Maureen reports she and her husband discovered that the Warriors were willing to talk about their injuries.
“We found out quickly that they don’t mind telling you about their experiences,” she said.
Since 2005, the Eatons have been local contact persons for Wounded Warriors visits. This year a contingent of 13 will be on the island July 19-27. Two in the group are teammates who are there to support the Warriors.
Organized during the Middle East conflict trigged by 9/11, Wounded Warriors was created to raise awareness and aid for severely injured soldiers and was expanded to help them acquire veteran benefits, education and other services.
Part of their therapy is exposing them to outdoor activities such as fishing and hunting – activities that some dreamed they could never enjoy again. Because of its multiple wildlife resources, Kodiak Island has become a favorite site of Wounded Warriors.
“They’re so appreciative of Kodiak,” Maureen said.
The Warriors also like Kodiak because here they are not singled out because of their handicaps.
“When they go out and about, people avoid them. When they come here, people are welcoming,” Maureen added. “They told us that when they come to Kodiak they’re not invisible anymore.”
The community welcomes the Warriors and shows them a good time.
Various organizations, businesses and individuals help entertain, feed and house the visitors. Just about every day the guests go fishing. But in case the trips are canceled because of bad weather, the organizers ask volunteers in the community to take guests on sight-seeing tours on the road system, as well as shopping trips, museums visits and other jaunts.
“They go home tired and exhausted from the activities and the sea air, but they love it,” Maureen said.
While the coordinators want to give the Warriors a good time, they don’t want to overwhelm them with too much to do.
The Eatons also encourage members of the community to greet and say farewell to the Warriors at the airport.
“We’d like a good send-off,” said Maureen.
All too often, just a few people show up. In one instance, Maureen was the only who said goodbye to them.
When they learned that the flight would be delayed by an hour and a half, the Warriors told her to go home. However, Maureen insisted that she stay with them until they boarded the departing plane.
During the wait, one of the men – a burn victim—told Maureen his story. He had been blown out of his vehicle in Iraq.
“Everybody left him because he was on fire, and they thought he had died. He waited 16 hours before someone picked him up,” she said.
At the airport he rolled up his pants leg, revealing a thin, bony structure wrapped in shriveled skin. There was hardly any muscle or flesh.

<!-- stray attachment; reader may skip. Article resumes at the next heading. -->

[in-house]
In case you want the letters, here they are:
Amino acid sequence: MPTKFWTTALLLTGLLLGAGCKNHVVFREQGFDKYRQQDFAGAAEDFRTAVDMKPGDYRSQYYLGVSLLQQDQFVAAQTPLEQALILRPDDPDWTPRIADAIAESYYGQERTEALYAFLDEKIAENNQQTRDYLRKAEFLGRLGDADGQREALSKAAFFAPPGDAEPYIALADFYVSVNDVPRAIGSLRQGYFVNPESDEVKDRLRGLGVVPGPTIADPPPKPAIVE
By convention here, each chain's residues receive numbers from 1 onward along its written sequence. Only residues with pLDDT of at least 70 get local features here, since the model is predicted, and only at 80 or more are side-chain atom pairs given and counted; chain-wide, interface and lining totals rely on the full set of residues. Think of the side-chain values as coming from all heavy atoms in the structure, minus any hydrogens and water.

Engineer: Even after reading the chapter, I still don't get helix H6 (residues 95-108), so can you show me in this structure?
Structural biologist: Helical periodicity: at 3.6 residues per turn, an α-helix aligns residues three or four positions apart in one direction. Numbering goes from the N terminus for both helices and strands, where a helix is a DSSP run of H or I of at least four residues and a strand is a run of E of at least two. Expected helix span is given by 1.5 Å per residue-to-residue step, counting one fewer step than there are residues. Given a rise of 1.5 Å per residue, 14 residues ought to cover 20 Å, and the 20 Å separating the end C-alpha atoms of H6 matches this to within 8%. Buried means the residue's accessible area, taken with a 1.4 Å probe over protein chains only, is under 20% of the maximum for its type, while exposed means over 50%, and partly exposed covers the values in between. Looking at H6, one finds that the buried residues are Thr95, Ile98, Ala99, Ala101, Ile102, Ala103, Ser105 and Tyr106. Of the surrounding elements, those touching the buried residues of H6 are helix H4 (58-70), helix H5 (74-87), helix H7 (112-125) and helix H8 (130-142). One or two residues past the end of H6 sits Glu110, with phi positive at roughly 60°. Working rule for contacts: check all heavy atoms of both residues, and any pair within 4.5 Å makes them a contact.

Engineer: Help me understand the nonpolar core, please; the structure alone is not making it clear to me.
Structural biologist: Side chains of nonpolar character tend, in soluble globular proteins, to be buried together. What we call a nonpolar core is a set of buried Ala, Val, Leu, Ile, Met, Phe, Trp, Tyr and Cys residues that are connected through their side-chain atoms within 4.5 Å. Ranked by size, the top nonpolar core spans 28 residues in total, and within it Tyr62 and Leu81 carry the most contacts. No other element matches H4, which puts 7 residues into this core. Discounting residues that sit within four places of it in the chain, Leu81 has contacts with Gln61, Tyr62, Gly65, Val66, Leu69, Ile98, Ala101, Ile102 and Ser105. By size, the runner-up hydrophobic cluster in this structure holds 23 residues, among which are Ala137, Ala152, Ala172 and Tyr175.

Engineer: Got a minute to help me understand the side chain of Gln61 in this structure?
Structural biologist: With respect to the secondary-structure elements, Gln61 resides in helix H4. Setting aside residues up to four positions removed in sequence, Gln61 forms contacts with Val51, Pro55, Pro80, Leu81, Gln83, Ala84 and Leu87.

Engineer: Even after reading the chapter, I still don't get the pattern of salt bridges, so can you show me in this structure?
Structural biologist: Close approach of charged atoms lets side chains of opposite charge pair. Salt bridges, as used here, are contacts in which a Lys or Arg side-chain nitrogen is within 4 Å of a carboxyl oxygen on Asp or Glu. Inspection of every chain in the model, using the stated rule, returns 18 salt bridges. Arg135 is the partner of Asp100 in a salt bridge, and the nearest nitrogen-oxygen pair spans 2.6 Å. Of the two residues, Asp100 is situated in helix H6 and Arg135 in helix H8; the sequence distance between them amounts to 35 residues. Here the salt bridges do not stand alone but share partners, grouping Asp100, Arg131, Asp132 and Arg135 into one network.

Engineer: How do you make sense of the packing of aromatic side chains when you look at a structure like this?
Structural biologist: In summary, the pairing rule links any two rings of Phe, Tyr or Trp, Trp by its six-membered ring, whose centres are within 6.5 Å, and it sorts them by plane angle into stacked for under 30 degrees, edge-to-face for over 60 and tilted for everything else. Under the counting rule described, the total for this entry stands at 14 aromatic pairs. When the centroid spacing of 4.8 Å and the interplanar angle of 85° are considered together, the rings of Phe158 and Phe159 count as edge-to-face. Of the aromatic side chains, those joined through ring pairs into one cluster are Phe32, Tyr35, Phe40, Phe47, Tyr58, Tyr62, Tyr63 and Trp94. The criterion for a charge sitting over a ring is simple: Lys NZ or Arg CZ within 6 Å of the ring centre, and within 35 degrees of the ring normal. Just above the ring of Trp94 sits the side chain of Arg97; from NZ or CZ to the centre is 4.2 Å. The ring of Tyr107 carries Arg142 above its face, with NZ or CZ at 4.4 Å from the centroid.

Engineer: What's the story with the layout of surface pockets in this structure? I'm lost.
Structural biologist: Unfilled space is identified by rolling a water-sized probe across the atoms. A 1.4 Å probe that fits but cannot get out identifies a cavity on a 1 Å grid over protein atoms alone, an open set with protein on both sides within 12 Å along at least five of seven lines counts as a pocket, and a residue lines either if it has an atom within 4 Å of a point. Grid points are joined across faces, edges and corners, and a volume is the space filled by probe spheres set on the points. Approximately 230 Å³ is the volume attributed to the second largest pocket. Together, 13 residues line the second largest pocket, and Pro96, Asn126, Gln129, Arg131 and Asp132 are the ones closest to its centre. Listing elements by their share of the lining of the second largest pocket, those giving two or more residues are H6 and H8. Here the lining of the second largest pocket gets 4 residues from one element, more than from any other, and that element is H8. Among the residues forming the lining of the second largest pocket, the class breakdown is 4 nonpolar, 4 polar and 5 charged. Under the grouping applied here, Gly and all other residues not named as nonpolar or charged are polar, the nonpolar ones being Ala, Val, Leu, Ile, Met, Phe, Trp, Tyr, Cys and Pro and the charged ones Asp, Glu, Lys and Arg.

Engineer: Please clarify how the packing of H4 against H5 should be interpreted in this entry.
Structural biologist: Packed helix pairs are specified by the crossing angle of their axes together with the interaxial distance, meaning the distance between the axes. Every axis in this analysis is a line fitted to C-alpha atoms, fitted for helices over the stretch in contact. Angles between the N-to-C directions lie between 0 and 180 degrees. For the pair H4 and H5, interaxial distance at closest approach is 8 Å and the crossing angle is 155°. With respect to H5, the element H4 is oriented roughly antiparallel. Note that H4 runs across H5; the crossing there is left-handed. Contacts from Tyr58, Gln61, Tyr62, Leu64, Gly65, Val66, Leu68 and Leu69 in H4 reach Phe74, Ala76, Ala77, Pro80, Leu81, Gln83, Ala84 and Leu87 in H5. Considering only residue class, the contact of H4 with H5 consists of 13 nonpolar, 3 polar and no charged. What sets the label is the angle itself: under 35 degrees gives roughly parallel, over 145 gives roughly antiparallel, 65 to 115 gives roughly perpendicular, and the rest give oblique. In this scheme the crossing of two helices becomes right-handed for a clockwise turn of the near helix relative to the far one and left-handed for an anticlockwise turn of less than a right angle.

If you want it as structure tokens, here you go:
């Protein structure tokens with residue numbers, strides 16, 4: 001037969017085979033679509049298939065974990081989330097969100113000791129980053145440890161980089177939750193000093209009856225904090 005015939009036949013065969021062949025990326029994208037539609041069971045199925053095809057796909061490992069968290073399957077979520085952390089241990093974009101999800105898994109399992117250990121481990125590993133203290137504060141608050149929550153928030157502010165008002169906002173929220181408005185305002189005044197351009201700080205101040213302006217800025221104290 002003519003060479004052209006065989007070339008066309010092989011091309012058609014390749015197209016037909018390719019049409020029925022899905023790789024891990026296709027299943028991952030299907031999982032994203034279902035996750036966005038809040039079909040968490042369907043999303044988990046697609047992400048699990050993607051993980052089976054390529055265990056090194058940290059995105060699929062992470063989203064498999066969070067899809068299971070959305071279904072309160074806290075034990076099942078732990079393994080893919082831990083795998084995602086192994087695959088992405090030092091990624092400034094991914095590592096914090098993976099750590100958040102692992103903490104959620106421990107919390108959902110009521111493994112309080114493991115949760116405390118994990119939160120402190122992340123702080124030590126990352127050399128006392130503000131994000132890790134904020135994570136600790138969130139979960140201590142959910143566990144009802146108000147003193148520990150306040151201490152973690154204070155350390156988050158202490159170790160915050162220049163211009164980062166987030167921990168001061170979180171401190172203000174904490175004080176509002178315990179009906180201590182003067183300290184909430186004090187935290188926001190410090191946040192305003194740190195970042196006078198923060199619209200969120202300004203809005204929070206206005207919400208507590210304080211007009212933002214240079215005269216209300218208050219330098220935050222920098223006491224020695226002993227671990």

“I don’t know how he could walk,” Maureen added.
A few of the warriors even joke about missing limbs.
One was a double amputee whose legs had been severed so far up that he couldn’t wear prosthetics. He was confined to a wheelchair. That didn’t keep him from going halibut fishing.
“He did well on the boat,” Maureen said.
Once the charter operator pulled into the harbor, the amputee got out of his wheelchair, lay in the grass and soon other Warriors pulled the halibut up to his stumps.
The Eatons and other friends laughed as they took pictures of the man.
“Two older women came up because we were making so much noise,” said Maureen. “They were saying, ‘Why would he do that to those poor fish?’”
The women were shocked when someone pulled the fish away.
Many Warriors have accepted their injuries and can even tease each other about them.
“A lot of them get to the realization that someone else is worse off than they are,” said John. “Some have no legs, but they say, ‘I have a friend who lost both legs and an arm.’ They realize that they’re still alive. A lot of them are learning how to do things differently.” Because of this adjustment, they are able to participate in activities they previously thought were impossible for them.
“It’s very inspiring to see what they’ve gone through, and, in a small way, to be part of an effort to give them a good experience in Kodiak,” John said.
Wounded Warriors’ first trip to Kodiak occurred in 2004, a year after the organization was formed. The Eatons’ friend, Peter Malley coordinated the visit.
The Eatons joined the project in 2005. Because of John’s visibility as a Coastguardsman and active community member, he was able to find and recruit people able to provide boats, ATVs and tour services for the visitors.
John said one of the highlights of the Warriors’ visit is listening to them tell fish stories.
Wounded Warrior television commercials have featured Kodiak visitors, Maureen maintains.
In one of the ads, a man is in a canoe. His wife says how wonderful it is to see him smile again.
John and Maureen have picture of that specific Warrior taken during a bear-viewing trip on Kodiak Island.
“He has a big smile and there’s a bear behind him,” Maureen said.
John said he has gained a deeper appreciation for the island because he has seen it “through someone else’s eyes” — the eyes of those who have seen the ugliness of war that has taken a toll on their own bodies. Yet, through the Wounded Warriors Project, they have learned to laugh again and to affirm that life is good after all.
Mike Rostad is a freelance writer and longtime Kodiakan who writes a weekly column examining the in-depth stories of Kodiak residents. You can read more about other Kodiak islanders in Rostad’s book, “Close to My Heart-Writing and Living Stories on Kodiak Island, Alaska.